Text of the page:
How is Insect Stings (Bee Sting, Spider Bites) Diagnosed?

If the reactions to bee & wasp stings are severe enough, basic investigations may be done to rule out other medical conditions. These include looking at the blood function, liver function, kidney function and blood electrolytes.

Prognosis of Insect Stings (Bee Sting, Spider Bites)

Although mystified in movies and media, bee stings and wasp stings are generally benign. Localised reactions are harmless. In Australia, the death rate due to wasp sting is at the figure of 0.02 deaths per million population per year. All deaths were attributable to anaphylaxis rather than envenomation.

Anaphylaxis is always life-threatening but it happens very rarely.

How is Insect Stings (Bee Sting, Spider Bites) Treated?

Insect Stings
Bee sting & wasp sting treatment is symptomatic. Below are the different treatment options depending on the types of sting reactions:

 

  • local reactions: cleaning of the bee sting site, application of ice to bee sting site to reduce inflammation, and removal of the stinger with its venom sack to avoid continued injection of venom. Local symptoms such as itching and burning sensation can be treated with antihistamines (such as diphenhydramine, cetirizine). Sometimes steroids that can be applied locally are used (such as dexametasone, triamcinolone, etc) to reduce inflammation. Antibiotics can be used if infection develops.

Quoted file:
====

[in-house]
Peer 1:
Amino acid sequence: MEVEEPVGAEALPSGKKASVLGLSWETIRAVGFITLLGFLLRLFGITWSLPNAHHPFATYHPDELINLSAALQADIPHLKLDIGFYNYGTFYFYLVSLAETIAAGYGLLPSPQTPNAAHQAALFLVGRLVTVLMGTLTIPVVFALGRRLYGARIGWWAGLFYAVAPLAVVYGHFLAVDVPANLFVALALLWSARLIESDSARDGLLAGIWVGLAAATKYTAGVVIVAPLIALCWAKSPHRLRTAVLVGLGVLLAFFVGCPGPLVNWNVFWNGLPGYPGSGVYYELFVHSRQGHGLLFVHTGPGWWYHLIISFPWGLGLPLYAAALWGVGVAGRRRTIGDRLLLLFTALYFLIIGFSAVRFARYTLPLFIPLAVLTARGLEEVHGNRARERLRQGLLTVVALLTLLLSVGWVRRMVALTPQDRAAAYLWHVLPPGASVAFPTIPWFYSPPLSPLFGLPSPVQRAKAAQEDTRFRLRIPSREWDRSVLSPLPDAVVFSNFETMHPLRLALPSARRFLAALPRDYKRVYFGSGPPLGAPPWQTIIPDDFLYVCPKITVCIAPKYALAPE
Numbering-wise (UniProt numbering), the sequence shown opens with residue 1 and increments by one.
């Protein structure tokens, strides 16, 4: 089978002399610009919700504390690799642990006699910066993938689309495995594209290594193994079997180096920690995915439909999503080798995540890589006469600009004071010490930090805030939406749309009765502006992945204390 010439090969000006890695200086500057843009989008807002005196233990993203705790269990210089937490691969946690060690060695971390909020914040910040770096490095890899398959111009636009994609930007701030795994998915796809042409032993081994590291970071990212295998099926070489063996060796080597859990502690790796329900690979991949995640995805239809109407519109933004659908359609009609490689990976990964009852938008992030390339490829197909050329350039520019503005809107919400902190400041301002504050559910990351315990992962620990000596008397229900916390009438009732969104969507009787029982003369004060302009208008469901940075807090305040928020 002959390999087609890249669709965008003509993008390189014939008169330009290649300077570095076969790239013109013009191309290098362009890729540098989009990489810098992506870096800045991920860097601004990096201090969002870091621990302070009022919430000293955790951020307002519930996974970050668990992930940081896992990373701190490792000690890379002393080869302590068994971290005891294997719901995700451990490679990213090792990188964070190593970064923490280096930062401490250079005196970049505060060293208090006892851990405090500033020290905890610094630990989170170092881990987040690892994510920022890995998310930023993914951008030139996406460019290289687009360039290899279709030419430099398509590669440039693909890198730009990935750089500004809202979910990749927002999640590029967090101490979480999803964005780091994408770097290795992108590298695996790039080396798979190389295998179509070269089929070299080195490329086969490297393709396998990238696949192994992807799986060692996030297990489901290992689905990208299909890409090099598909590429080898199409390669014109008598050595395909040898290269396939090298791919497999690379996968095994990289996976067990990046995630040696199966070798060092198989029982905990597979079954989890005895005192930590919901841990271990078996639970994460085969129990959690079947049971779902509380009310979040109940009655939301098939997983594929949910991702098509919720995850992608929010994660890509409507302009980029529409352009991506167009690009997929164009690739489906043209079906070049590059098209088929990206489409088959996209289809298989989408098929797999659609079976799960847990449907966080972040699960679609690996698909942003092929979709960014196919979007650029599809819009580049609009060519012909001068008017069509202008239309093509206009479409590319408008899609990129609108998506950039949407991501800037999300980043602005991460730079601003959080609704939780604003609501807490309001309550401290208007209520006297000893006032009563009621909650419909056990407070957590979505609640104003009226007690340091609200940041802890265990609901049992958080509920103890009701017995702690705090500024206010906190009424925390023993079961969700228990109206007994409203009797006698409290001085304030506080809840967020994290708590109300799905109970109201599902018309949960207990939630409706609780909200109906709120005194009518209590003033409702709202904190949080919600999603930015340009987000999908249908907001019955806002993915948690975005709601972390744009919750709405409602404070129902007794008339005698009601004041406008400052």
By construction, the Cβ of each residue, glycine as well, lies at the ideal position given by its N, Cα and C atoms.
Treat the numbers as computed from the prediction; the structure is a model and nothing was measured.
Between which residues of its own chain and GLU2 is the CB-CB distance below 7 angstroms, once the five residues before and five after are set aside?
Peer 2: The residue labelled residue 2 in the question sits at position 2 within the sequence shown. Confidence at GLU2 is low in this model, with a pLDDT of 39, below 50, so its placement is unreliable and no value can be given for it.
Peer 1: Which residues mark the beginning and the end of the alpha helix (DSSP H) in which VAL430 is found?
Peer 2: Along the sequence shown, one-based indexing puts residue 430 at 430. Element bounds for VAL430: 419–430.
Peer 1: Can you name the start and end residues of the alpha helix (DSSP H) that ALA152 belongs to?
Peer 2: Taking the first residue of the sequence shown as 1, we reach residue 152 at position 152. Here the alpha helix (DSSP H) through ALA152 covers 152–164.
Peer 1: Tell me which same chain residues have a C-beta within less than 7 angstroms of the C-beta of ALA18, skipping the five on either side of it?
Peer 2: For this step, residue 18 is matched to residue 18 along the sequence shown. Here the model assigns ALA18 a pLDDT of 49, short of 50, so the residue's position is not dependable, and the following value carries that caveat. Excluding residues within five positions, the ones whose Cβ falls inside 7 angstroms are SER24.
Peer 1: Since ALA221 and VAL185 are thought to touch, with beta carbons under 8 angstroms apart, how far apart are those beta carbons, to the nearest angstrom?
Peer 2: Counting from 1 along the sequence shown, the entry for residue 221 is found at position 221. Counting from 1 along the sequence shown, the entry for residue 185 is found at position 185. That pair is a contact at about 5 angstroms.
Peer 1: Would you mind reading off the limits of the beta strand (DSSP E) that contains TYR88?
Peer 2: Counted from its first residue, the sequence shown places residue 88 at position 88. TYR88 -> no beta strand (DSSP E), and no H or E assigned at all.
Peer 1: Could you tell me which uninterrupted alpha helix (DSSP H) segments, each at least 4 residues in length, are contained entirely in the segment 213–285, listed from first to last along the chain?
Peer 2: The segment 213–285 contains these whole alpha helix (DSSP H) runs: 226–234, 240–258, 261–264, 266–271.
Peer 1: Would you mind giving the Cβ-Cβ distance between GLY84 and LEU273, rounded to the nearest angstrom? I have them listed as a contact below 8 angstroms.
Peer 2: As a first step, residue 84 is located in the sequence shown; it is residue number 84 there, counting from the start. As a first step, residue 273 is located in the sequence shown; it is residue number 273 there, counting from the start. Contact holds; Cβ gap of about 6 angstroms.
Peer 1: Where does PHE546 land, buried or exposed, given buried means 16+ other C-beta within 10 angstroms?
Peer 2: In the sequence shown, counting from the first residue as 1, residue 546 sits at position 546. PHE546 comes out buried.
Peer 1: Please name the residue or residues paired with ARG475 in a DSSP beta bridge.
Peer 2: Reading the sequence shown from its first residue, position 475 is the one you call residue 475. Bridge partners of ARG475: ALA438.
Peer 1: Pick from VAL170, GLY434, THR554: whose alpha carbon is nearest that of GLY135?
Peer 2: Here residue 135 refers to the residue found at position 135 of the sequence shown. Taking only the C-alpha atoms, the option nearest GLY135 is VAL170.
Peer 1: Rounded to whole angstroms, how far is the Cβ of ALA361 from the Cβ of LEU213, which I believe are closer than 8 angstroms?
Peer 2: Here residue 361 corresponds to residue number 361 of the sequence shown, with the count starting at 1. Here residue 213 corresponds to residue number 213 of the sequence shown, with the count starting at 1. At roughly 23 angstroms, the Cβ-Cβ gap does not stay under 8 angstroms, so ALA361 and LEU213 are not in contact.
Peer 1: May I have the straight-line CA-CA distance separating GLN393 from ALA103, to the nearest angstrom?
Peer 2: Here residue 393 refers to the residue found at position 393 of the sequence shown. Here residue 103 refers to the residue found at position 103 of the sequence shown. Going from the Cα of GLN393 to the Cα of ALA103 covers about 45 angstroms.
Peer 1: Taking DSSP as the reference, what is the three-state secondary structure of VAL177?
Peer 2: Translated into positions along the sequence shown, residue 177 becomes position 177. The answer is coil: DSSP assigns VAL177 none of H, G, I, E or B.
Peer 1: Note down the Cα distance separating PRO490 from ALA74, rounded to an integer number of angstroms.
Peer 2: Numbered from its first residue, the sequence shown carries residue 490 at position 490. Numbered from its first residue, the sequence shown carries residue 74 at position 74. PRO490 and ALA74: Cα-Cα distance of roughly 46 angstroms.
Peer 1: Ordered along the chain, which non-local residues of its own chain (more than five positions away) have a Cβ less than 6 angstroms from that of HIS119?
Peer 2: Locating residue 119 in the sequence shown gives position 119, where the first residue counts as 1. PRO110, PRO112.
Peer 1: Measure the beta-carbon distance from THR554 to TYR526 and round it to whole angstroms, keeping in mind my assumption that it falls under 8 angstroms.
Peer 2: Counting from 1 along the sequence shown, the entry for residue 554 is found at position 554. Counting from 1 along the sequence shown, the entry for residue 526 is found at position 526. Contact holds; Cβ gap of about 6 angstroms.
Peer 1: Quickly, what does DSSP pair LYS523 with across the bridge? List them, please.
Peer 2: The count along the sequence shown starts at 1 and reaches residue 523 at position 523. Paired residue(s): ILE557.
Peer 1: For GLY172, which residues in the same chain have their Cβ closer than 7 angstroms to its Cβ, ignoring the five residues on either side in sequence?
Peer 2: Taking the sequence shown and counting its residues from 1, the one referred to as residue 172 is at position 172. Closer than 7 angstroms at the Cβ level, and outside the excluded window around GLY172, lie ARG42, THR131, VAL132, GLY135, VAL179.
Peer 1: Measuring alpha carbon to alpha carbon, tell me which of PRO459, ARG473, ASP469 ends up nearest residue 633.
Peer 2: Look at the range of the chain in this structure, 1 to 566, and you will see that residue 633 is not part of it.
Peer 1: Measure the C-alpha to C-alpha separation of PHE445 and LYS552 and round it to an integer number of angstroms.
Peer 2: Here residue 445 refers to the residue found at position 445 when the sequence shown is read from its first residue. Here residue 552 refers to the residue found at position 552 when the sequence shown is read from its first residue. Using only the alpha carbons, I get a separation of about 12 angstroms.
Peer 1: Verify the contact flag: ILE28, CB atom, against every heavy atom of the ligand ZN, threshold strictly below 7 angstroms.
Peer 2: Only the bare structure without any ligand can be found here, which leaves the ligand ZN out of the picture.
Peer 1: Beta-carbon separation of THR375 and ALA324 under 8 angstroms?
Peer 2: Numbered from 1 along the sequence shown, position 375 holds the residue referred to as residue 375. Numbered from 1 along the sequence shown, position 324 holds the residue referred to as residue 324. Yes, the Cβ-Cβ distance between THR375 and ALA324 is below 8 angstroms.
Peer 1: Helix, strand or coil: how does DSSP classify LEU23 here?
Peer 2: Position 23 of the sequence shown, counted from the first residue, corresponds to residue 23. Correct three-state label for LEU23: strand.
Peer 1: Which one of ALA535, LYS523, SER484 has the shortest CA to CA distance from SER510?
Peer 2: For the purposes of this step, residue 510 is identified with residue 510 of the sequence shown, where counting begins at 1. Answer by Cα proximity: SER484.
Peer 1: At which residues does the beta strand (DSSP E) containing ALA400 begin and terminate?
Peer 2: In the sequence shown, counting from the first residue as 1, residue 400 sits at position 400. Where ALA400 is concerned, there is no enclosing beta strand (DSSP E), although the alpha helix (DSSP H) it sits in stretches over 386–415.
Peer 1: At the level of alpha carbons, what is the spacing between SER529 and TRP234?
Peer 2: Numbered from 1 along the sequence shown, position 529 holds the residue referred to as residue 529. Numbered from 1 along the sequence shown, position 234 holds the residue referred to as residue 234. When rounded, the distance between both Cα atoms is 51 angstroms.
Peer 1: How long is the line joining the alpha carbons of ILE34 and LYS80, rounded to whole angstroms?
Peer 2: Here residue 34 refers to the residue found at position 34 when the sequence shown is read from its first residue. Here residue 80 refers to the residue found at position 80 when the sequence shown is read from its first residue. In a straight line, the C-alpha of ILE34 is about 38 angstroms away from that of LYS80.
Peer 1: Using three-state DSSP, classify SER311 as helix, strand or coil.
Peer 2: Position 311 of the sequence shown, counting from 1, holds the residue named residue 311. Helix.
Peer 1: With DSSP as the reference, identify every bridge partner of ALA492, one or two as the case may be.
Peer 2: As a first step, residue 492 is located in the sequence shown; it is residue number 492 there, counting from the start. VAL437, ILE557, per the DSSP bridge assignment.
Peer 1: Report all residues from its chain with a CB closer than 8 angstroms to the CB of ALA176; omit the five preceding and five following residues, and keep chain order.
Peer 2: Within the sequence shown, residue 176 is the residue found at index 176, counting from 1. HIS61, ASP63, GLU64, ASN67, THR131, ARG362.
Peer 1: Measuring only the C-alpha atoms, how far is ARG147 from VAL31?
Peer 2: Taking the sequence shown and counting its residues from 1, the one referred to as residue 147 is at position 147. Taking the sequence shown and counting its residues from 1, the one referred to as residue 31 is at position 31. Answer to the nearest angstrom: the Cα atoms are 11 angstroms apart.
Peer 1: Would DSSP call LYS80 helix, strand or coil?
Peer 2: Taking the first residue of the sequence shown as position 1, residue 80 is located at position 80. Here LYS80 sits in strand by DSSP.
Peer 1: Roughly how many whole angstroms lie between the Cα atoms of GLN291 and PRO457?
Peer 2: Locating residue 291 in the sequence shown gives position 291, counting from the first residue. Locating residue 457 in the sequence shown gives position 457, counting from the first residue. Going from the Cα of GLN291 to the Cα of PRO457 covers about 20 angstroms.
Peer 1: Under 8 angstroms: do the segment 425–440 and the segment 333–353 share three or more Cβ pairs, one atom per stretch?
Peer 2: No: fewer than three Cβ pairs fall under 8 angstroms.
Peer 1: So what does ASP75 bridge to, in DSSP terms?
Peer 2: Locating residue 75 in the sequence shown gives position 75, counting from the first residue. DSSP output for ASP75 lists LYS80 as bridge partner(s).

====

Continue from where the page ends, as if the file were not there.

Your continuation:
• allergic bee sting reactions: this is treated as in any other type 1 hypersensitivity reaction, including ant-histamines, steroids for late phase reactions and adrenaline for life-threatening reactions like angioedema and anaphylaxis.

 

For massive bee sting attacks, acute treatment involves prompt removal of the stingers to reduce further envenomation. Treatment is entirely dependent on symptoms produced.

The mainstay of bee sting treatment is actually protective measures to prevent bee stings, especially if patients are known to have allergic reactions before. Insect repellents are not effective against stinging Hymenoptera. Avoidance is the best measure.

Insect Stings (Bee Sting, Spider Bites) References

  1. Antonicelli, L, Bilo, MB, Bonifazi, F. Epidemiology of hymenoptera allergy. Curr Opin Allergy Clin Immunol 2002; 2:341.
  2. eMedicine: Bee and Hymenoptera Stings [online]. 2005. [Cited 2005 October 21st]. Available from: URL: http://www.emedicine.com/emerg/topic55.htm
  3. McGain et al. Wasp sting mortality in Australia. MJA 2000; 173:198-200.
  4. Reisman, RE. Insect stings. N Engl J Med 1994; 331:523.
  5. Up to Date: Insect Stings [online]. 2005. [Cited 2005 October 21st]. Available from: URL: http://www.utdol.com/application/topic.asp?file=allergy/2070&type=A&selectedTitle=1~4
  6. Valentine, MD. Anaphylaxis and stinging insect hypersensitivity. JAMA 1992; 268:2830.
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Dates

Posted On: 6 October, 2005
Modified On: 24 May, 2018